In Lancaster County, Pennsylvania there are several problems that can rear their heads, derailing the process of drafting or executing a will. Common examples include ambiguities in the language of the will, leading to conflicts and challenges. Most of these issues can be staved off through quality drafting.
The process of drafting and executing a will can be very simple with the average estate which has only a moderate amount of assets held in only a few locations (a couple bank accounts, a house, maybe a stock portfolio). This is also true if the decedent simply wants to give their property to a few immediate family members, without setting up a complex trust arrangement.
However, even with "simple" wills, there are a few common stumbling blocks that often make things far more difficult down the road. Thankfully with proper will preparation, most of them are easy to avoid, with the help of a good attorney in Lancaster County, Pennsylvania.
With most wills, certain formalities have to be followed in the drafting process or will preparation, or else the will might not be valid. In general, these formalities exist with the goal of making fraud more difficult. The requirements for a will to be valid are pretty simple, but it's still possible to make mistakes in attempting to follow them. Most vitally, you should know that a will must contain a provision stating that the person making it is of sound mind, and actually intends the document to be a will. Also, the laws of most states require that wills be witnessed and signed by at least 2 neutral parties.
Holographic Wills in Lancaster County, Pennsylvania
In some (but certainly not all) states, "holographic wills" can sometimes be treated as valid wills. A holographic will is just a will that is written entirely in the testator's own handwriting. They do not need to be witnessed in order to be valid.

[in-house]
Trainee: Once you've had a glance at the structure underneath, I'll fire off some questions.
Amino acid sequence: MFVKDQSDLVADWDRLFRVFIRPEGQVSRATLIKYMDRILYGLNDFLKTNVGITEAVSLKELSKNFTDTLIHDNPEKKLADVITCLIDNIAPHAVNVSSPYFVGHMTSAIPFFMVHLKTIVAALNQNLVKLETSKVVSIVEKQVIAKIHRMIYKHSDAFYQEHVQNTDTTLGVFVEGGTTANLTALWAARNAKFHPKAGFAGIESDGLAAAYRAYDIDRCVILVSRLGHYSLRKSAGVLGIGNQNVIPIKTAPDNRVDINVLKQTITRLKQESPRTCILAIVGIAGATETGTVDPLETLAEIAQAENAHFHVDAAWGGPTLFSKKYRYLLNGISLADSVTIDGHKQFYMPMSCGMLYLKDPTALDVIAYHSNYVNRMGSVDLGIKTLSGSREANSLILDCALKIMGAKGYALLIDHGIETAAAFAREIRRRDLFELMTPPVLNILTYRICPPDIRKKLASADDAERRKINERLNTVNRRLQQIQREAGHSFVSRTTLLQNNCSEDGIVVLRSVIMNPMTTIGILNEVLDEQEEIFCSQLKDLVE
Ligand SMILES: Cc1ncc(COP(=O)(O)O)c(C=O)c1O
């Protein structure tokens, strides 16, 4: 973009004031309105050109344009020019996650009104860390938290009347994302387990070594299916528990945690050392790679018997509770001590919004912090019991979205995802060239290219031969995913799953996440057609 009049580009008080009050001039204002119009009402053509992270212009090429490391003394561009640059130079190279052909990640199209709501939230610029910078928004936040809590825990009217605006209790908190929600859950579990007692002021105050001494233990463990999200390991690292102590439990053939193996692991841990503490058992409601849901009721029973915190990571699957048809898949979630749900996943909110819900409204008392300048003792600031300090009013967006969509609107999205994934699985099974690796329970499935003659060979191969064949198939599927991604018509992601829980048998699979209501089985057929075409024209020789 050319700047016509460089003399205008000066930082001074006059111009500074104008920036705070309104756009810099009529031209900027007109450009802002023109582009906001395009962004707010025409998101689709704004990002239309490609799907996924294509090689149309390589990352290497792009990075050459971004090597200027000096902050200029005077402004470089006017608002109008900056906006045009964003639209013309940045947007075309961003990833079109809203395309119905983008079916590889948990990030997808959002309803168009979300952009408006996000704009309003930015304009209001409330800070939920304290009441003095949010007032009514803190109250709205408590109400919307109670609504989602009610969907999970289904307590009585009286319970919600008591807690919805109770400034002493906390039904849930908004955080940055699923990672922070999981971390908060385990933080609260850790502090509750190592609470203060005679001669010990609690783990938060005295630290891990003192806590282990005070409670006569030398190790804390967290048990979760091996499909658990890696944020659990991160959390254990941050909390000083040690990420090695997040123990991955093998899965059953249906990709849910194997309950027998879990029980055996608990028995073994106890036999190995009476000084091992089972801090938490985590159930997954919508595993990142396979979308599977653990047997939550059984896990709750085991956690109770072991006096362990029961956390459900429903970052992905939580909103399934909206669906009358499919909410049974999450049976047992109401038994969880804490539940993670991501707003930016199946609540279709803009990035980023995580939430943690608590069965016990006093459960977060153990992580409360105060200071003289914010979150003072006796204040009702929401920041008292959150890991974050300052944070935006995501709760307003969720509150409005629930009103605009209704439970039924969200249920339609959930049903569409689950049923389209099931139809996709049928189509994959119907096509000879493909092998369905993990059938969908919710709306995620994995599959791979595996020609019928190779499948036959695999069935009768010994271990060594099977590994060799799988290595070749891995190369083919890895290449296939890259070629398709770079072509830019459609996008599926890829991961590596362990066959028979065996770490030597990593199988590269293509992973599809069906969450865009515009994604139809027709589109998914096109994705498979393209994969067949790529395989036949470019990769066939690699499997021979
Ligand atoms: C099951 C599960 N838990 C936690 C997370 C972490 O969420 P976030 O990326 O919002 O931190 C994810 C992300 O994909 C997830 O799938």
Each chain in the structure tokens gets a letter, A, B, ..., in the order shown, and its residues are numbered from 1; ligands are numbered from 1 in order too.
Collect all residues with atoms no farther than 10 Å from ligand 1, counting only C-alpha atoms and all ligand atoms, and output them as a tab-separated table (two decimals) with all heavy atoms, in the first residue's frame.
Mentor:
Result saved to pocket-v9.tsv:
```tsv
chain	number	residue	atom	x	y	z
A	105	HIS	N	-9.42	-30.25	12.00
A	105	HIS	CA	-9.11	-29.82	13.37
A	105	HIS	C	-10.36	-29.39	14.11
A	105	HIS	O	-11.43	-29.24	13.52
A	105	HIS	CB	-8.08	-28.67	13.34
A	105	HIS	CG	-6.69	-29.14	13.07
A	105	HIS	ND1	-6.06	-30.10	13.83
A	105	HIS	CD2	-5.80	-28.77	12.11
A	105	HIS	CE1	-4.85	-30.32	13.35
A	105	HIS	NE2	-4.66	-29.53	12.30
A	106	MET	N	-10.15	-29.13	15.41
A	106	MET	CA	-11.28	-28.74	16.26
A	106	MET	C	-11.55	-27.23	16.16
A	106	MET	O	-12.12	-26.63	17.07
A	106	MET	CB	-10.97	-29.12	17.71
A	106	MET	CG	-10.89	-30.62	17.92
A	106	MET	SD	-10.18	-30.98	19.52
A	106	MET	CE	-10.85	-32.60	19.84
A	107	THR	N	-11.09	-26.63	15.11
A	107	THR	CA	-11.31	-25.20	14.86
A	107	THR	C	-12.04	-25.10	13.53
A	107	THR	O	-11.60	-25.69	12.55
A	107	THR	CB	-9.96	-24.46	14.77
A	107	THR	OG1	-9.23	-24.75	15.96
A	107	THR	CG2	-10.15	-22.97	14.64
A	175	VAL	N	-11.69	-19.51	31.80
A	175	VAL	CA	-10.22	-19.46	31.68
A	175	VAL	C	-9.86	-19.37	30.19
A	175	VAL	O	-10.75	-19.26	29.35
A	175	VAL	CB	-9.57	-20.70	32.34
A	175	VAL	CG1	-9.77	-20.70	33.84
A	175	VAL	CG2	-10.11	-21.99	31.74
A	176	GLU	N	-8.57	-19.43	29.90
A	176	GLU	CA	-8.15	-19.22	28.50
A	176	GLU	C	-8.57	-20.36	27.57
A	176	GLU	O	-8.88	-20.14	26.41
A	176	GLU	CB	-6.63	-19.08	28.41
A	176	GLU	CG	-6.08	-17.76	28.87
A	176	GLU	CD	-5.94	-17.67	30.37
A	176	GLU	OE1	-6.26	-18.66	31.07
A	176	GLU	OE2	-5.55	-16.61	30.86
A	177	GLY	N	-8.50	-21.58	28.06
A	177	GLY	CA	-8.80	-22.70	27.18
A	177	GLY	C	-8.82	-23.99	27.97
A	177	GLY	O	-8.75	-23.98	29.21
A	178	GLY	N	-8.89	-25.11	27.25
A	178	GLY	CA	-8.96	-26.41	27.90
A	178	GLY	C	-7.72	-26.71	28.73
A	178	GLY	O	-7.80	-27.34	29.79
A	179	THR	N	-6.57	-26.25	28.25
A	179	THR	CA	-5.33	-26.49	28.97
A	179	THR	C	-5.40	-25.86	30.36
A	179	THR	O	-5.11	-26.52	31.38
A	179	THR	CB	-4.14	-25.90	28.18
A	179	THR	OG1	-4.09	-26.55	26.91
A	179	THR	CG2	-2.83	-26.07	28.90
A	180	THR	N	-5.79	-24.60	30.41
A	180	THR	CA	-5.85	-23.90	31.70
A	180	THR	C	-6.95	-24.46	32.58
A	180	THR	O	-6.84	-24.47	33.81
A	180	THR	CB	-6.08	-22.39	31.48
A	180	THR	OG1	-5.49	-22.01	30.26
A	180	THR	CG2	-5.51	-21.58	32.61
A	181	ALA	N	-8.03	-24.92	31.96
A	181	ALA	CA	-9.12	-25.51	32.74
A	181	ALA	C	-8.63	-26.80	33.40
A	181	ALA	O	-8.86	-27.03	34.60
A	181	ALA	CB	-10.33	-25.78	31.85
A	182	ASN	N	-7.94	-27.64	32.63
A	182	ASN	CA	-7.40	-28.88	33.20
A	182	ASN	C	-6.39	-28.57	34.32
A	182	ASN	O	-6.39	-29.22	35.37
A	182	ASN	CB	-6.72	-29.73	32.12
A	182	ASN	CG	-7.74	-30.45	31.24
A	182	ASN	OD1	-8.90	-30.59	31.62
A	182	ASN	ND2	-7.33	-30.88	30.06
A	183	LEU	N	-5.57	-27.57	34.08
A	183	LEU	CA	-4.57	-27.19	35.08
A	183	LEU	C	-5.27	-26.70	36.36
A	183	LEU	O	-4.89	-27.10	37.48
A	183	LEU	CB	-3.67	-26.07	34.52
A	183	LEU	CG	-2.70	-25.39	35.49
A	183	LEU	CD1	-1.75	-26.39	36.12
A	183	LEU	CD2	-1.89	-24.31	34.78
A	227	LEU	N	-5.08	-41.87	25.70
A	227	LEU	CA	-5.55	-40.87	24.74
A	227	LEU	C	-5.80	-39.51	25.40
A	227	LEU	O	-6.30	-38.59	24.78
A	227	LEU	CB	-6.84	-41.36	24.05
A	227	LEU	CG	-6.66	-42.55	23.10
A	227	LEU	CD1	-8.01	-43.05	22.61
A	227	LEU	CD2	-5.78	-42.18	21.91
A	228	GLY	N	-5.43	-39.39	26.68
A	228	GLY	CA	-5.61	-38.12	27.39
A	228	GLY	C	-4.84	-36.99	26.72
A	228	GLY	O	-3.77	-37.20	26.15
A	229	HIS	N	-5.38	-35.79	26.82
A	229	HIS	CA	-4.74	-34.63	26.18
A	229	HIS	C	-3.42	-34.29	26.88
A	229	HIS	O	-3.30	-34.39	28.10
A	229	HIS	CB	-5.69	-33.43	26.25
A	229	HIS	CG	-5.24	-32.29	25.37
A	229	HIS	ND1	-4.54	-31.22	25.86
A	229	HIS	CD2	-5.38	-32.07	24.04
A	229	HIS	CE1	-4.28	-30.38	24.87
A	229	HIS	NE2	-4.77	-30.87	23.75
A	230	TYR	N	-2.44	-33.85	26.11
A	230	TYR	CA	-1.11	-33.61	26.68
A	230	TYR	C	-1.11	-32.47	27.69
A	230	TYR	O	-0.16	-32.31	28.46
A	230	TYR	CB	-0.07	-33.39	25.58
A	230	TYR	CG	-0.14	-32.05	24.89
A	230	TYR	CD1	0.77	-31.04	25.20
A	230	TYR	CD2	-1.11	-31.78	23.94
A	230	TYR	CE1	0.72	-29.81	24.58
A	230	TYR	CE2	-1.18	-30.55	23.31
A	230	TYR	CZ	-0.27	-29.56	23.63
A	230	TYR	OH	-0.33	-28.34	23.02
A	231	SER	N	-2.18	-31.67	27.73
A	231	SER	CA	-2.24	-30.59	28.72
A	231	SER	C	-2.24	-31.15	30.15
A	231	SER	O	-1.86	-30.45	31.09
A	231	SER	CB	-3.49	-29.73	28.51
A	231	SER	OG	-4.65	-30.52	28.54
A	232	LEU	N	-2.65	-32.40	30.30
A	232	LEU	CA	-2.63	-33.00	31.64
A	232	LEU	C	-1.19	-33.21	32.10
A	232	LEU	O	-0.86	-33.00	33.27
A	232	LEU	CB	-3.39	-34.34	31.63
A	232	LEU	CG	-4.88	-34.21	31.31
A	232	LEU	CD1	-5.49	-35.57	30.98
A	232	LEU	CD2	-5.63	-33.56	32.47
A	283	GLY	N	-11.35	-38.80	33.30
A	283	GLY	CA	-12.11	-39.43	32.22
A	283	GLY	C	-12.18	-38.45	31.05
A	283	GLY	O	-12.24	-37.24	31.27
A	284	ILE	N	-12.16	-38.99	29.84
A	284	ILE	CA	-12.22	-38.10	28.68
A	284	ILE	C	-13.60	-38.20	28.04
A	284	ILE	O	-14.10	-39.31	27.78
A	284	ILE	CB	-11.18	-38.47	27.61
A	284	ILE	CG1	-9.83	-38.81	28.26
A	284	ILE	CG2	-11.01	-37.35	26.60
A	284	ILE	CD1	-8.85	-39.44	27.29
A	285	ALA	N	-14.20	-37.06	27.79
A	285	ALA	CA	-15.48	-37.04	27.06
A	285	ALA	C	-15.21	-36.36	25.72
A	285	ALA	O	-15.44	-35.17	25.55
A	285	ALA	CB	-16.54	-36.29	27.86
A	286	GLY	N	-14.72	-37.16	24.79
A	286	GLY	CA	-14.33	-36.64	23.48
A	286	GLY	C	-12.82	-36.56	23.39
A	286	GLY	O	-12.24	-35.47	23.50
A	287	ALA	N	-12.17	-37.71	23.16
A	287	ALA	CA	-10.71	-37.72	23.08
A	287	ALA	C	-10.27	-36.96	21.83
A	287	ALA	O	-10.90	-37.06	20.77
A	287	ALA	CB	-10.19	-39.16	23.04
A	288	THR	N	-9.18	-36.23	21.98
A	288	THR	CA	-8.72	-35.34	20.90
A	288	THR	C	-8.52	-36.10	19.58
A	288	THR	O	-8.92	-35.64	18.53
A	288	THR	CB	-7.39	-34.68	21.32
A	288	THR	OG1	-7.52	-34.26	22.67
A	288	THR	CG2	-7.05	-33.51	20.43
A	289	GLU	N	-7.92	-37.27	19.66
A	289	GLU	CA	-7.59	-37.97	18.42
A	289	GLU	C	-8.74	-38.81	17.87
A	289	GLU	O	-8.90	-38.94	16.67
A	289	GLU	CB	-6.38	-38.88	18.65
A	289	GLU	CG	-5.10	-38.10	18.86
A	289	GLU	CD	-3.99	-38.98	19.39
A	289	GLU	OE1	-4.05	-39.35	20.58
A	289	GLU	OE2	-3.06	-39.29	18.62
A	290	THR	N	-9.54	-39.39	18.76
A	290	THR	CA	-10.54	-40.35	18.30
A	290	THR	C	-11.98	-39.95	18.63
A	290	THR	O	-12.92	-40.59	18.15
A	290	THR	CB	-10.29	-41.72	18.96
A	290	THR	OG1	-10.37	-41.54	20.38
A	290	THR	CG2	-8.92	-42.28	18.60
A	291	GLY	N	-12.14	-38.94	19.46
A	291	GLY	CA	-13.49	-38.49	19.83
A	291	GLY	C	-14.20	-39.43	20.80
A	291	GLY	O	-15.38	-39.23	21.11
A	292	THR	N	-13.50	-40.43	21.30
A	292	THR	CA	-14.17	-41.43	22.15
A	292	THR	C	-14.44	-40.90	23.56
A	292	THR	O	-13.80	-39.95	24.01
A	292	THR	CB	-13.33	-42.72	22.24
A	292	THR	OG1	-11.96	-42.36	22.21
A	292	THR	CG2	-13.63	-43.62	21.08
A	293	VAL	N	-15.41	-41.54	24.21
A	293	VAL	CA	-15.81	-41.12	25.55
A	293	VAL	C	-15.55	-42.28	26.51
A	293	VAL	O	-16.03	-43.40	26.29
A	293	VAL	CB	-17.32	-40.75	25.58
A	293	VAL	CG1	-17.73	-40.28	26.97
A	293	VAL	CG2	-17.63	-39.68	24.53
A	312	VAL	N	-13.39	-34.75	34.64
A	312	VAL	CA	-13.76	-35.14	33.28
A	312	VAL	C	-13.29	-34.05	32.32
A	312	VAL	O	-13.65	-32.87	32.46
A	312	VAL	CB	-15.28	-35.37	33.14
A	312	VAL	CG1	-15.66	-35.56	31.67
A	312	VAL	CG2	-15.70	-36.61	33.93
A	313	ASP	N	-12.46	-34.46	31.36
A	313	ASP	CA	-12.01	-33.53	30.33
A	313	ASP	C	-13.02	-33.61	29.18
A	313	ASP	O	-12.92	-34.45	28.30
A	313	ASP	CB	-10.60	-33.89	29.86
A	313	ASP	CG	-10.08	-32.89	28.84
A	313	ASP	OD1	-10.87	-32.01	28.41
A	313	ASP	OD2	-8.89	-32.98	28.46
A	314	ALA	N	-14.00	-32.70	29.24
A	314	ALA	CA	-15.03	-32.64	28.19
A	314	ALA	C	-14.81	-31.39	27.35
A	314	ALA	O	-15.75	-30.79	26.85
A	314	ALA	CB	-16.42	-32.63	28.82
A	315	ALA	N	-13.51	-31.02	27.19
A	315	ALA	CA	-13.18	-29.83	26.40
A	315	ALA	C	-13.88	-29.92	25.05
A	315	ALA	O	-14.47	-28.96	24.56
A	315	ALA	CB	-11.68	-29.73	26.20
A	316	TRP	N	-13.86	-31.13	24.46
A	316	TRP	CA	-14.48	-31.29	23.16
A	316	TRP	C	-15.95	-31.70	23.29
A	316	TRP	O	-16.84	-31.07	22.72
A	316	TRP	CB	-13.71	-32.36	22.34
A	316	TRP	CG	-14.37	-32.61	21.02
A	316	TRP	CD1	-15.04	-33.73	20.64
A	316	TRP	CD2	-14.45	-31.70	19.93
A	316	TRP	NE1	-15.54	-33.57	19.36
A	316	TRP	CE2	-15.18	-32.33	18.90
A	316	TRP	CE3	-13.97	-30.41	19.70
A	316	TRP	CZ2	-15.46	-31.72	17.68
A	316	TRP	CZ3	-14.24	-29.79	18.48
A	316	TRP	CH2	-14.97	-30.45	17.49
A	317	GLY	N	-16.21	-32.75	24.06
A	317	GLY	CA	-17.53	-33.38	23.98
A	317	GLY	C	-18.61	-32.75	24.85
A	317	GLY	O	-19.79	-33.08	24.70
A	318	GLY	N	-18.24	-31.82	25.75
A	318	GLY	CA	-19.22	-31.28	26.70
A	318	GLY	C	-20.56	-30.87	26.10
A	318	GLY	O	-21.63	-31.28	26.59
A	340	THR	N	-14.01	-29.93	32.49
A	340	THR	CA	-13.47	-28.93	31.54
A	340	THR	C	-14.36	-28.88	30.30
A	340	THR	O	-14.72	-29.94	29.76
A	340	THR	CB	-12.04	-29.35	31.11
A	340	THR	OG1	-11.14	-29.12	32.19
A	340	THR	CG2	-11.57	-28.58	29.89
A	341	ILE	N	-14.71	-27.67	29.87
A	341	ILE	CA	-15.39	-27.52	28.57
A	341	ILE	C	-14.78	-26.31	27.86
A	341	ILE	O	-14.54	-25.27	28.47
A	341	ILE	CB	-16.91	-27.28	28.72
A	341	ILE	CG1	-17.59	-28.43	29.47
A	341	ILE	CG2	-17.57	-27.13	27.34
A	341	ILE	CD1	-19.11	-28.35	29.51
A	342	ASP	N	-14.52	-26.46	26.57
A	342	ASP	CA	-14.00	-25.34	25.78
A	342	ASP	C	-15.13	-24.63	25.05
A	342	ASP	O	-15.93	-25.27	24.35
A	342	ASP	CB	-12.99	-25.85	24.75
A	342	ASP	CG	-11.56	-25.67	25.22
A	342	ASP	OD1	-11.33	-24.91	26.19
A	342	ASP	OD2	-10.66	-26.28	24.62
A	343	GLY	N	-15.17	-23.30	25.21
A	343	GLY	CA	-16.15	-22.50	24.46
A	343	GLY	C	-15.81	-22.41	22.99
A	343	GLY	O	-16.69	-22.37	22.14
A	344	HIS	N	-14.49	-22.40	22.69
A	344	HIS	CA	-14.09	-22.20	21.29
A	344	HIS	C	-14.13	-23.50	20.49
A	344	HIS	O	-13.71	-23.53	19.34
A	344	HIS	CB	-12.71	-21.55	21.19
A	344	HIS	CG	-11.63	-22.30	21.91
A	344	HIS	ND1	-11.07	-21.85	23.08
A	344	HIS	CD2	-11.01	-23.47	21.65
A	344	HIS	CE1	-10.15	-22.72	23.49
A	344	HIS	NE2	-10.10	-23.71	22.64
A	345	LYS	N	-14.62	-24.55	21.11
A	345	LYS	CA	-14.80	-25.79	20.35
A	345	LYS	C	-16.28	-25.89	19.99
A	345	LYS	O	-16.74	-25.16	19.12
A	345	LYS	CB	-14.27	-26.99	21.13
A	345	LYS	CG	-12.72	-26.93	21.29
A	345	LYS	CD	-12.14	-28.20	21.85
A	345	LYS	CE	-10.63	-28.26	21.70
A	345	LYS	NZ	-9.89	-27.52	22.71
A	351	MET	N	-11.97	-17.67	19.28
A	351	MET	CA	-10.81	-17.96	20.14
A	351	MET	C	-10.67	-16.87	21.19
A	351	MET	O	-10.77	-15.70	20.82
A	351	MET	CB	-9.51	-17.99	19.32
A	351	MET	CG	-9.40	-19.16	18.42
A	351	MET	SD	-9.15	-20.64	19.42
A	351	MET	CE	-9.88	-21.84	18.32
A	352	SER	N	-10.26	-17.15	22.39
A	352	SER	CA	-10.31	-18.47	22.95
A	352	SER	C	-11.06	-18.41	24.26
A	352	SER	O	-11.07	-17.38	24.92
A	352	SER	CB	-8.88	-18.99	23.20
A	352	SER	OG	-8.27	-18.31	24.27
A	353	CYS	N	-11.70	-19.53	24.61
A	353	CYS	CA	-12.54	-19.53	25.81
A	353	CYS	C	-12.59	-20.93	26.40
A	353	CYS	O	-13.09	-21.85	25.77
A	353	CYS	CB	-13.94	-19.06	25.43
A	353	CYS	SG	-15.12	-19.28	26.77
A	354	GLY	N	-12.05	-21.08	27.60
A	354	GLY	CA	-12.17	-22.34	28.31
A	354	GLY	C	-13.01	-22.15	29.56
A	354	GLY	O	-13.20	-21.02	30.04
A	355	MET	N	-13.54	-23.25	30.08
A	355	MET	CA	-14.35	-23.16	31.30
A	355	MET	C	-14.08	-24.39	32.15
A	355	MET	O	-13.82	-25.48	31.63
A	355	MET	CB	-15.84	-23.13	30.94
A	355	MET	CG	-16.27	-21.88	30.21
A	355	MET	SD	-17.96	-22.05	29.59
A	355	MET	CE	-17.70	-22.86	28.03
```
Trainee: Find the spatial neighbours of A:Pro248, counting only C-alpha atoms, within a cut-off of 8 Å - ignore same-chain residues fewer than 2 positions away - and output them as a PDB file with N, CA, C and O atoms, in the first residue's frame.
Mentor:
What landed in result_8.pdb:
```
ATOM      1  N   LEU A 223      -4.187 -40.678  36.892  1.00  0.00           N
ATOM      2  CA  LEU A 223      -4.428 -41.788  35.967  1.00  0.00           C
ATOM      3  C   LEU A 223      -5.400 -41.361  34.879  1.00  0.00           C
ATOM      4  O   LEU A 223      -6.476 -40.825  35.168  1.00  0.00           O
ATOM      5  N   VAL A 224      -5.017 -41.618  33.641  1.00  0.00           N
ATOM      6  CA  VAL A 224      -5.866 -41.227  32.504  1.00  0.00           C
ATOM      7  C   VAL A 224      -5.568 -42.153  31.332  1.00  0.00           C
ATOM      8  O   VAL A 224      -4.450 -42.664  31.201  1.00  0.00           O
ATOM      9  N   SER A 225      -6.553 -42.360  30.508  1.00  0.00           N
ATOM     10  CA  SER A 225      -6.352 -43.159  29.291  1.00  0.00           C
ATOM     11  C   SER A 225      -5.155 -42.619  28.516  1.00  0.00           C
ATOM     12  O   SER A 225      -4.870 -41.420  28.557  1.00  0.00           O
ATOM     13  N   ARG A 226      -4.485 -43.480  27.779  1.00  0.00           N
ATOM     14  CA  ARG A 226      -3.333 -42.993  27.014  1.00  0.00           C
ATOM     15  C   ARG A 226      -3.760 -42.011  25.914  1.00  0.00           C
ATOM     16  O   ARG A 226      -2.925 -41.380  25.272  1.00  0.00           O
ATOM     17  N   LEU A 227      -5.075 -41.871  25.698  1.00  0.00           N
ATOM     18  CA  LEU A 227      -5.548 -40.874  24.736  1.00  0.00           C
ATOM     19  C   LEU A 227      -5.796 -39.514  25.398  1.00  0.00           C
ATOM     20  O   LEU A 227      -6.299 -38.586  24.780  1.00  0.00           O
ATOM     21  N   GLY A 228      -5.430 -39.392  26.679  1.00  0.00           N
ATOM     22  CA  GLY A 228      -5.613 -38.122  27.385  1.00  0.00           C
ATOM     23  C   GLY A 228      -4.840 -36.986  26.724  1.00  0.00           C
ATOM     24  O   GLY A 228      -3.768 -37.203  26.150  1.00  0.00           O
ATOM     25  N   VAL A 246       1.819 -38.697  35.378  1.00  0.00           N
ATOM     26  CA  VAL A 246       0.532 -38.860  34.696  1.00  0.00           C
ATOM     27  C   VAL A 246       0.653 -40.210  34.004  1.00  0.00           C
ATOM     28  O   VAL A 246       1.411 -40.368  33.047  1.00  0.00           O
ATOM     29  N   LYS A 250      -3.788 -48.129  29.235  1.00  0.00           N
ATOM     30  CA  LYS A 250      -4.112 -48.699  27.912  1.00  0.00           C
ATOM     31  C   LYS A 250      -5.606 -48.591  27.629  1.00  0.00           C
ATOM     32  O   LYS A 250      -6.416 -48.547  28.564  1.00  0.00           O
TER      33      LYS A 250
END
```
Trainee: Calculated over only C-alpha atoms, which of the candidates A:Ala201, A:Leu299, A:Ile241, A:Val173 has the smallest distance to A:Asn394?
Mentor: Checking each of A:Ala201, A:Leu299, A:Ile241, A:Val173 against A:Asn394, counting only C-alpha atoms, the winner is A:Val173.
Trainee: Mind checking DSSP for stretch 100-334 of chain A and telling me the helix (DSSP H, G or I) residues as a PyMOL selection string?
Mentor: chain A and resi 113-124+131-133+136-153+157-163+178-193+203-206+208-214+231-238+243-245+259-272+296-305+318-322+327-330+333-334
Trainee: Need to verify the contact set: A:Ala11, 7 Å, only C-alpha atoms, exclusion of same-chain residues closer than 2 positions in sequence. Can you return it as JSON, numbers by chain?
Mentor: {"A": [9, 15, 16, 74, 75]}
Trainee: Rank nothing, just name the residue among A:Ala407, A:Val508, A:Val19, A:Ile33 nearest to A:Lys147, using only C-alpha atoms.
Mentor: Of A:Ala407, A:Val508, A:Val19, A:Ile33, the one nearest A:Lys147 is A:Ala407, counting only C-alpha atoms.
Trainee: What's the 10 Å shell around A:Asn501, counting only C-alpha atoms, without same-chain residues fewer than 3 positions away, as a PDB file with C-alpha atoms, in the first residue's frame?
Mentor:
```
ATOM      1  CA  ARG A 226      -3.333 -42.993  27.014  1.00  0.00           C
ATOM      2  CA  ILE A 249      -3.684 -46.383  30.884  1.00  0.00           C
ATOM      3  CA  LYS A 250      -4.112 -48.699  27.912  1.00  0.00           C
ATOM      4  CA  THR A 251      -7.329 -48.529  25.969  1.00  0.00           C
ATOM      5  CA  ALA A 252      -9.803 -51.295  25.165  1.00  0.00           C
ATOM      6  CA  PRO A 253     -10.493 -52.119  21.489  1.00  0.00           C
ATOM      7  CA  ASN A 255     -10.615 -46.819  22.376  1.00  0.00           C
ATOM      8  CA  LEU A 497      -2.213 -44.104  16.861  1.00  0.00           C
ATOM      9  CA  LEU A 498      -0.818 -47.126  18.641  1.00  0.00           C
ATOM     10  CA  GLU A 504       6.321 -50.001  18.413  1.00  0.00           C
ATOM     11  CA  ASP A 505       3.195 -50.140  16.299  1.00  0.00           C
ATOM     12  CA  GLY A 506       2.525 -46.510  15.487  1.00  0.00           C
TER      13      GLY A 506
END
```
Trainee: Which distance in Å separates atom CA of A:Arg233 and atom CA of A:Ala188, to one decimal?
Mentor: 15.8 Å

Assuming that a holographic will is valid in your state, a court will probably interpret it very liberally, acknowledging the fact that it probably wasn't written by a lawyer. This is to make it much easier to actually give your wishes effect.
You should, however, know that not all states allow holographic wills. In such states, you can still hand write your will if you want, but all the formalities, such as witnesses, must be present.
If they are allowed in your states, a holographic will can be a good option, in some cases. If you do not have a large amount of money and property that you want to pass on, and your devises are going to be very simple (regular gifts to just a few people), a holographic will can suffice. However, you should seek the advice of a lawyer beforehand, and know that it is almost always a better option to have a will accompanied by all the required formalities.
How Can A Lancaster County, Pennsylvania Lawyer Help?
Because of the formalities that must accompany most wills, it might be prudent to have a Lancaster County, Pennsylvania attorney help you draft it.